Opinion’s editor discusses the new password policy Netflix launched, photo courtesy of Wikimedia Commons.
Netflix is cracking down on non-subscribers using other people’s accounts to access their streaming platform.
A new feature rolled out to a limited number of Netflix users to test the usability of it. The feature shows a pop-up message that asks the user whether or not they are paying for the subscription or living within the household of the subscriber. The streaming service requires the user to verify your answer by entering a code texted or emailed to the subscriber.
For my household, we have been using Netflix for years. I genuinely remember picking out two DVDs a week online and waiting two days for them to arrive in the mail.
The greatest worry at the time was whether or not the disk would be scratched or cracked. My family would watch the movie or show and then seal up the return envelope and mail it off. Back in 2008, bringing a tv show would take a couple of months and a dozen envelopes.
Since going to UD, I have been using my mom’s Netflix account, along with all of the other streaming services we use. I am logged into it on my TV that my entire apartment uses to watch movies and shows.
Under Netflix’s new feature, technically, we could not continue to use the Netflix account. While I know that my mom would easily just message me the code for the verification, the joy of Netflix is muted with this upcoming feature.
As college students, I would bet that most of us share someone’s Netflix account. In Netflix’s terms and services, it says that accounts “may not be shared with individuals beyond your household.” It is clearly a violation of the terms and services that we have all agreed to, but the sharable aspect of the platform is fundamental to Netflix.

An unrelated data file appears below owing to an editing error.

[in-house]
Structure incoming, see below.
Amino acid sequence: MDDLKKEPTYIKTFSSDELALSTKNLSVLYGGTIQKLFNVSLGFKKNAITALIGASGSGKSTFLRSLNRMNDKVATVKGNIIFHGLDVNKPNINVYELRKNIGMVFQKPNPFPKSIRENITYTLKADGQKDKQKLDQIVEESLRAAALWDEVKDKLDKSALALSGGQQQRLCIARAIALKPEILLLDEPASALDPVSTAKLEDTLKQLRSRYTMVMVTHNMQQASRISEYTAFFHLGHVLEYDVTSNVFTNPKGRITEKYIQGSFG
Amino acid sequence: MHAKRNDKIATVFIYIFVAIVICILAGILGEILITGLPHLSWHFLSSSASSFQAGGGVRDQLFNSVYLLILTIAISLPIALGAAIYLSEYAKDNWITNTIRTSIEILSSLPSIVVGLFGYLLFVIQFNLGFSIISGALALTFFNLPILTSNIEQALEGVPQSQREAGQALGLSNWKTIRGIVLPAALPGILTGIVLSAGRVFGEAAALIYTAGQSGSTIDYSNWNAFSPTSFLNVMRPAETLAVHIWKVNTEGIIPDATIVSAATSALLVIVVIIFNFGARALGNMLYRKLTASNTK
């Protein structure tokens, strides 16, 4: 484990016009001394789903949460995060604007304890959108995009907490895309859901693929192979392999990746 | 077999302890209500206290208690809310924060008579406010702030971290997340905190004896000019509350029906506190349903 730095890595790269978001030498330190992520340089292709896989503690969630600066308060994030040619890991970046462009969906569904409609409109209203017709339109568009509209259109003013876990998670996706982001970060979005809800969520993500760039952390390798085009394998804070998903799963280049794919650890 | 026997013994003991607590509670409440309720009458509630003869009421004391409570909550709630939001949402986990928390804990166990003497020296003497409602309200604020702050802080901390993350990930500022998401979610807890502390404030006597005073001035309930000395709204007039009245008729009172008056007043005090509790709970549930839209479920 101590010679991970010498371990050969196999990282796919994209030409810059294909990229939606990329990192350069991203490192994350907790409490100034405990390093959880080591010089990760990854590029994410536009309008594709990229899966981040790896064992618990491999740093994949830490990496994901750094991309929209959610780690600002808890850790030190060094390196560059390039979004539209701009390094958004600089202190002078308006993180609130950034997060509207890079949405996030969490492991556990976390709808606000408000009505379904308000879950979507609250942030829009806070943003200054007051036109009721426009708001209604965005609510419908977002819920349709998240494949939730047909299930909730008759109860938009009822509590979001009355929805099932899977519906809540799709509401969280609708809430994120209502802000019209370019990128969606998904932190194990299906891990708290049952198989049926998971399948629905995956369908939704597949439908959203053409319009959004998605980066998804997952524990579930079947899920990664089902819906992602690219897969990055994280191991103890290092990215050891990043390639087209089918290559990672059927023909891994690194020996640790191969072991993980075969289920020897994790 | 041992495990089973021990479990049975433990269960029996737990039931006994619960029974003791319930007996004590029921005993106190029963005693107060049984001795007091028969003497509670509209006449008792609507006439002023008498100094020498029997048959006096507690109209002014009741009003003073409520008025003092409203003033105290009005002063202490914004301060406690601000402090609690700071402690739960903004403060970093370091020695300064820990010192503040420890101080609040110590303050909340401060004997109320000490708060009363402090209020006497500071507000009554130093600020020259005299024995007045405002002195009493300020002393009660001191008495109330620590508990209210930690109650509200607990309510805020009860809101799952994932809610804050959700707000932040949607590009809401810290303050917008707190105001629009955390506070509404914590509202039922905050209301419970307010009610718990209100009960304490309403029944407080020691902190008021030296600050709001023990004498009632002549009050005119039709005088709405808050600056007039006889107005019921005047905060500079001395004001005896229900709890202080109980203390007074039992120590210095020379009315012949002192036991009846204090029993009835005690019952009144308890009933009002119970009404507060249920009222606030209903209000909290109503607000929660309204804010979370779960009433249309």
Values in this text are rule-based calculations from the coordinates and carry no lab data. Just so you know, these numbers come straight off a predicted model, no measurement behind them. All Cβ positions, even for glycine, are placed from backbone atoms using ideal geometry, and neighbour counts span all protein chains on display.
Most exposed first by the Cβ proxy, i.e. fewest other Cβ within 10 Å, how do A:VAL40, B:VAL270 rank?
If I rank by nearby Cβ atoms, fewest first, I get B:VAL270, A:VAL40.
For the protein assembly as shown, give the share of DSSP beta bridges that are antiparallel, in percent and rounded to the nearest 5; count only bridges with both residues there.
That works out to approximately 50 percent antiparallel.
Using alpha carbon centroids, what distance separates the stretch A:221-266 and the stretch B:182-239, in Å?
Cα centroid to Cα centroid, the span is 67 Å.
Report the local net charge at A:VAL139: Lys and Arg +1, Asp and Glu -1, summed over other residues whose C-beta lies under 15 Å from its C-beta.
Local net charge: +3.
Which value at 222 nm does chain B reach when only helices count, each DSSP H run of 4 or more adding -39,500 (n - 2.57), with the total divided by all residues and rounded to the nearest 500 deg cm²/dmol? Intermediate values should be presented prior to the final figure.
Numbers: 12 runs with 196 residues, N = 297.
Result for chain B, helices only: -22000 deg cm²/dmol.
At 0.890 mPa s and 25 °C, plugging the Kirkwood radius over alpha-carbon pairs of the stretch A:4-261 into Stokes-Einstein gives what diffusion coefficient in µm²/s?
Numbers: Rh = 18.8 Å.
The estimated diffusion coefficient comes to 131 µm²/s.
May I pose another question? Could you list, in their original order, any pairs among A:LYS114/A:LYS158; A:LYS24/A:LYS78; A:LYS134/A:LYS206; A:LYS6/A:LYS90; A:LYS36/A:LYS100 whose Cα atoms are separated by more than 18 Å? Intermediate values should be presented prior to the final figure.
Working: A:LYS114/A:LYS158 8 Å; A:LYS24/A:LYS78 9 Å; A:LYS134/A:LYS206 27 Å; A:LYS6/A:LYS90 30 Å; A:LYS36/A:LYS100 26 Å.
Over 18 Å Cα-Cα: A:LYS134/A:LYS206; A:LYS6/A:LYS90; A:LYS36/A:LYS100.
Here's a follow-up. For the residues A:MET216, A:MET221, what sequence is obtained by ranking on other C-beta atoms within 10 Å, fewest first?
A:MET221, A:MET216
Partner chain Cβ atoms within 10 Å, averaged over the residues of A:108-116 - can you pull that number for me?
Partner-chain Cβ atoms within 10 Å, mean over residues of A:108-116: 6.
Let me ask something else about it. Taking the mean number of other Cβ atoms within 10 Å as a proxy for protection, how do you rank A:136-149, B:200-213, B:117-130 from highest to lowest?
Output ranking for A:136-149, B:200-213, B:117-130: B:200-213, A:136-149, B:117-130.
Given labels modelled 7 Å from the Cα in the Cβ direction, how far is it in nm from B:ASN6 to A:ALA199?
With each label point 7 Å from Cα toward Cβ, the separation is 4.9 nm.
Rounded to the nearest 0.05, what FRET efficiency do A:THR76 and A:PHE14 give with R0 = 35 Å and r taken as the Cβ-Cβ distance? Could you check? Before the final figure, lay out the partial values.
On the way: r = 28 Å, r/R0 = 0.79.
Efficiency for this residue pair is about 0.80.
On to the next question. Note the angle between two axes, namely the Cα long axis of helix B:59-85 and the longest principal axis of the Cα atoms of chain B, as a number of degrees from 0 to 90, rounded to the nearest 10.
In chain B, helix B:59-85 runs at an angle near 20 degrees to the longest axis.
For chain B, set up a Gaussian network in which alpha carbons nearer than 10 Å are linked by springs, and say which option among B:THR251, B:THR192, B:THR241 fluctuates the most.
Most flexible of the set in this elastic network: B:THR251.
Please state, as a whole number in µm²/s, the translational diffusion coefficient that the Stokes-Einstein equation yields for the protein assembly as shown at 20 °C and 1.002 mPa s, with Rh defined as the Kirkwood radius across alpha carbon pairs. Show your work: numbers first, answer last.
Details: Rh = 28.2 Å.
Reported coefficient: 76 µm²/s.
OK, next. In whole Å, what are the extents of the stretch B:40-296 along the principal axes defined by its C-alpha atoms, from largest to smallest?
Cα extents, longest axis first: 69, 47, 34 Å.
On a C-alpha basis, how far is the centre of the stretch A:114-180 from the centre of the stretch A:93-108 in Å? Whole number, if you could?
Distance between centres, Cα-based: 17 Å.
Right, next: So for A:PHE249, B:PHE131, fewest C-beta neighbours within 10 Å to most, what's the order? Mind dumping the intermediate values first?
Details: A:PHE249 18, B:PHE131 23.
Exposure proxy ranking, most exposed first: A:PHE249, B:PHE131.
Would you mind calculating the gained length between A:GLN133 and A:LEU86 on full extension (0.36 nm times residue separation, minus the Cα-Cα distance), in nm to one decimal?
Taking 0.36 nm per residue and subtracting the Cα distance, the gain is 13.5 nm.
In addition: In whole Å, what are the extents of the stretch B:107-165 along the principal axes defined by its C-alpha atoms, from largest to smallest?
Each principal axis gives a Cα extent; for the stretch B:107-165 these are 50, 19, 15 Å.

In 2021, there are so many streaming services to choose from, each with its own benefits. The past few years have brought about seemingly every company and channel’s own version of Netflix and Hulu.
Disney+ launched in late 2019, AppleTv+ came about around the same time, CBS All Access rebranded to Paramount+ earlier this year, NBC launched Peacock in 2020 and HBO Max started its service around this time last year.
Of course, you cannot have just one. Each one of the services locked in its signature moves and shows by severing licensing agreements with third-party global platforms like Netflix.
Disney+ exclusively houses Star Wars, Marvel and most of our favorite childhood shows. Peacock removed The Office from Netflix, and Friends moved to HBO Max. Just having the essentials there, you would be spending almost $30 a month.
During this pandemic, the only thing there is to do is watch Netflix.
Now is probably the worst time for Netflix to finally enforce password-sharing restrictions. Netflix has also continuously upped the cost of the service without really giving quality content in return.
Because of the plethora of streaming choices, choosing Netflix over the rest is not really appealing anymore. All of my favorite shows and movies are scattered across the platforms, and it is too expensive to pay for them all, let alone buy my own Netflix subscription.
This would only be justifiable to me if Netflix decided to lower its subscription prices with this new feature. New subscriptions would more than cover the subscription differences. Alternatively, creating better content and acquiring sought-after titles would help justify the policy and price.
The pandemic has made spending time together crucial. Netflix has looked the other way about password sharing for years now. They can surely hold off now that we are locked away in our homes.